Over the years I have recruited new physicians to practice in Oregon. The question I’m most often asked, isn’t so much about medicine, instead people ask about our public schools. Bringing jobs to Oregon requires improving literacy, graduation rates, and student success. It is a key priority I will address as Governor, because our current leadership has failed families and left employers at a loss for words when they’re asked, “What about the schools?”
We must have confidence the money taxpayers send the Oregon Department of Revenue achieves the results our children deserve.
Sadly, this has not been the case. We were told things would improve after the recession, but even with more money they didn’t move much. Whether Oregon is in or out of a recession, when it comes to our public schools, the year is too short, the graduation rate is too low –the lowest in the country – the teacher: student ratio is too high, and the arts are sacrificed too often as to maintain a mediocre status quo.
This is not to say our public school teachers, parents, and students who graduate, go onto college or a vocation don’t accomplish great things in their community. It simply means that compared to other states we are not hitting the mark of excellence in public education consistently.
As you hit the stores for back to school shopping and purchase supplies for the cash strapped classroom, spread the word to your friends, families, and neighbors and other parents that I want to improve the chances for every child to succeed. How? By seeing that more of your hard earned tax dollars get to the classroom. Not as Kate Brown wants; not by raising taxes and increasing the cost of living for middle-income households by more than $600 a year, but by changing the status quo.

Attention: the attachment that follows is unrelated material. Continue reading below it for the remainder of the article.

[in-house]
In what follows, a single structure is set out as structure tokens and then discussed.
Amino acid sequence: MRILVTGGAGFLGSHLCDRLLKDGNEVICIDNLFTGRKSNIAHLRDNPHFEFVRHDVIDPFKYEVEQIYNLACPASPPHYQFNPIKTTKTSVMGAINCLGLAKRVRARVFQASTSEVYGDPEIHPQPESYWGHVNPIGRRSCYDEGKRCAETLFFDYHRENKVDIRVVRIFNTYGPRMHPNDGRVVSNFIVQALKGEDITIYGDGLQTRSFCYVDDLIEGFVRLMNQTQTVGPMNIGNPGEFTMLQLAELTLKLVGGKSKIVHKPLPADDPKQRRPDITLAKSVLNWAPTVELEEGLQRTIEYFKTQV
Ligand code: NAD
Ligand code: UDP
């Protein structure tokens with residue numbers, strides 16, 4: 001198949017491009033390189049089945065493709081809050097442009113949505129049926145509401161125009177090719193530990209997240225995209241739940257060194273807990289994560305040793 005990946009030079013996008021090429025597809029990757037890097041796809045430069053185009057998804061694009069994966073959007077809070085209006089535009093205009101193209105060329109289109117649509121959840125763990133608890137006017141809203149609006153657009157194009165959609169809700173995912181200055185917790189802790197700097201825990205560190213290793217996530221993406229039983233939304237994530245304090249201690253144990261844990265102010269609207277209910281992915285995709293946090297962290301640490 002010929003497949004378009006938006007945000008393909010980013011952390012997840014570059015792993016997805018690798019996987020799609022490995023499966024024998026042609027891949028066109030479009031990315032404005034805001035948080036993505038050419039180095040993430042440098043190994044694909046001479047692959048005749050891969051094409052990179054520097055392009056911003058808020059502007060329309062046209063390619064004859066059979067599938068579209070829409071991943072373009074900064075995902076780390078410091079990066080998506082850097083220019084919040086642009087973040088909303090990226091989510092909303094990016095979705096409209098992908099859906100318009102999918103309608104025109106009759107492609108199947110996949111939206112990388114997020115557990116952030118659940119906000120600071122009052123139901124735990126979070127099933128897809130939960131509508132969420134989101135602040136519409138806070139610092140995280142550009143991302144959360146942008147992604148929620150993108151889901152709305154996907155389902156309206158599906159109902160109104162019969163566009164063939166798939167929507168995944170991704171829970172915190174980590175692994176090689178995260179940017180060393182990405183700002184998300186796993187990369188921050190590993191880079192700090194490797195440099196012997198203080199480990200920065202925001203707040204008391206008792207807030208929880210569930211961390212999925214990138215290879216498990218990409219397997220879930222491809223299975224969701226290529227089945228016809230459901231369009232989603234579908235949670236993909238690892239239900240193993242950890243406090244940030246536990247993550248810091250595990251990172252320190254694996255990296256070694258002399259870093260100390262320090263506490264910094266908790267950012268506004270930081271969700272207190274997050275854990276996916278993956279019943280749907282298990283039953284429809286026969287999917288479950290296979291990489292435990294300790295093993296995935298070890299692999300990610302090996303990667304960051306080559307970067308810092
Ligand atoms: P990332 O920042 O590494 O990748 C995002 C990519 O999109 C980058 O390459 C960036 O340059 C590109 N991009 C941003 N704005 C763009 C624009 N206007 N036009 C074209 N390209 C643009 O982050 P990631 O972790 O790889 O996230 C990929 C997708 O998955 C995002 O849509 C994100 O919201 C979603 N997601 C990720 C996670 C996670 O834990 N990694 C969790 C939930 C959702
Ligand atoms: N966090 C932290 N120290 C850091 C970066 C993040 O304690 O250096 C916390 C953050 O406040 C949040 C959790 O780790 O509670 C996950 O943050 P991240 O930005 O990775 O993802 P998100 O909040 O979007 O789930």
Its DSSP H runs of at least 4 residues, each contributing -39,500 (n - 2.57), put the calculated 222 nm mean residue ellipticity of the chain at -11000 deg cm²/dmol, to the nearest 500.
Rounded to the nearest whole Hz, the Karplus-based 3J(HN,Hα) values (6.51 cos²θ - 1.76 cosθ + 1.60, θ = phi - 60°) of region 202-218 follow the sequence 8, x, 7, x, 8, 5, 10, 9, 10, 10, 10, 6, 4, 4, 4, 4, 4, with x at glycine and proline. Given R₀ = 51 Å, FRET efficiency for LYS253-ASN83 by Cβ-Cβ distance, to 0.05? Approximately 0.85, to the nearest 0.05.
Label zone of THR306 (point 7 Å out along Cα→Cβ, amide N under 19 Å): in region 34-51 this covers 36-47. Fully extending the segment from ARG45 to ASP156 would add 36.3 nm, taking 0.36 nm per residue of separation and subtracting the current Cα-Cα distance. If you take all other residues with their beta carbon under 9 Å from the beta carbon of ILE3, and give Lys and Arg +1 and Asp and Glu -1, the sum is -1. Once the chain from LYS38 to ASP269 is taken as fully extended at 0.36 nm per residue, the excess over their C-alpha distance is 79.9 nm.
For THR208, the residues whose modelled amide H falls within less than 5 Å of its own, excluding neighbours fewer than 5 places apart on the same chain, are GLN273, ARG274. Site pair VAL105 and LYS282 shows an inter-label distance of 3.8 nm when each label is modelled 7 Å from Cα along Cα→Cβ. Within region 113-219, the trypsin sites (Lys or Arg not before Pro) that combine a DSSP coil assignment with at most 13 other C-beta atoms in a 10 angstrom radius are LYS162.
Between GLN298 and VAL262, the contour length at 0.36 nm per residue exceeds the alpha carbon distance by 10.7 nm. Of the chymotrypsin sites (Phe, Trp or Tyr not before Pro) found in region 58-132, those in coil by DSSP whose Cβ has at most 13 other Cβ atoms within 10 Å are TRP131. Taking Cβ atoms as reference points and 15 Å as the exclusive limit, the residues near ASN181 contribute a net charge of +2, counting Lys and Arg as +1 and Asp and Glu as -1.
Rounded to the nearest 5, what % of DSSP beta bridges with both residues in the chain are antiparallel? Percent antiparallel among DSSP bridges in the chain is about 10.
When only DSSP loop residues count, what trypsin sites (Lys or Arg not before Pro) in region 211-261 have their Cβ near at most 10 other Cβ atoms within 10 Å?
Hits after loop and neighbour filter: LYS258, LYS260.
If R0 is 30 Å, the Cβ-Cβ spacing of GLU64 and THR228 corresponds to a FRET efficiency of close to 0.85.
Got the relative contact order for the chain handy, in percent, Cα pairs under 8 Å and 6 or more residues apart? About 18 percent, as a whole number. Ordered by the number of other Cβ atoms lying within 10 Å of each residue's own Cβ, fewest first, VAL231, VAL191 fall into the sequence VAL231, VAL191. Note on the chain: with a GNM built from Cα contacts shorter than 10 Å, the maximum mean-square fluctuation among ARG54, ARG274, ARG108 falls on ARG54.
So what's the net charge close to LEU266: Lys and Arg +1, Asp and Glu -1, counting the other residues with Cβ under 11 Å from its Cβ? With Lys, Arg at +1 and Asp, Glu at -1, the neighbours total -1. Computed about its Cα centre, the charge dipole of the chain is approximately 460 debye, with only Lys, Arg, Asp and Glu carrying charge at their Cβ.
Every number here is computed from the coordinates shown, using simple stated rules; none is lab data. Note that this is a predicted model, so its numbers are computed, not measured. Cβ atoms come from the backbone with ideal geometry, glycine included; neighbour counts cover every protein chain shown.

That won’t be easy. It’s no surprise that part of the rising cost of public education has been the employer PERS rates that each school district must pay. Solutions will need to both address the real needs of our kids in the classroom while also honoring the educators who have given their time and talent to our children over the years.
Some of the ideas I’ve heard on the campaign trail to promote policy that move more into the classroom and honor the work of our educators include:
• Reduce the interest rates PERS used to calculate member benefits under the money match formula.
• Require some or all of the 6% contributions that PERS employees are supposed to make to PERS pay for pension costs (many public employers now pick up this cost for their workers). This could cut the PERS deficit by up to $1.2 billion each biennium. That’s money that could be spent on more teachers, longer school years, and other vital services. The 6% contribution currently goes into a separate, employee-owned, supplementary account. This does not pay for PERS pension costs, and this makes Oregon one of the few states where PERS-covered employees make no contribution toward their pensions.
• Create a 401K-type retirement for all new public employees.
• Consider a total compensation approach as used by Linn County.
• Set the money match annuity to the current market rate.
• Prohibit employees from artificially inflating their salary at the end of their careers to get a better return.
• Looking at reducing the taxpayer contribution for higher wage earning government employees.
What’s telling – what’s depressing for anyone who cares about adequate funding and education reform for Oregon schools – is that Kate Brown has refused to even address the looming PERS crisis that will decimate budgets for schools and other critical public services. Newspapers across Oregon write about the problem, and still Brown says nothing because it might offend her allies in the leadership of Oregon’s government employee unions. That’s not the leadership our students, parents and taxpayers deserve.
If you have additional ideas, please send them my way. This is a conversation that can’t wait until the end of another school year.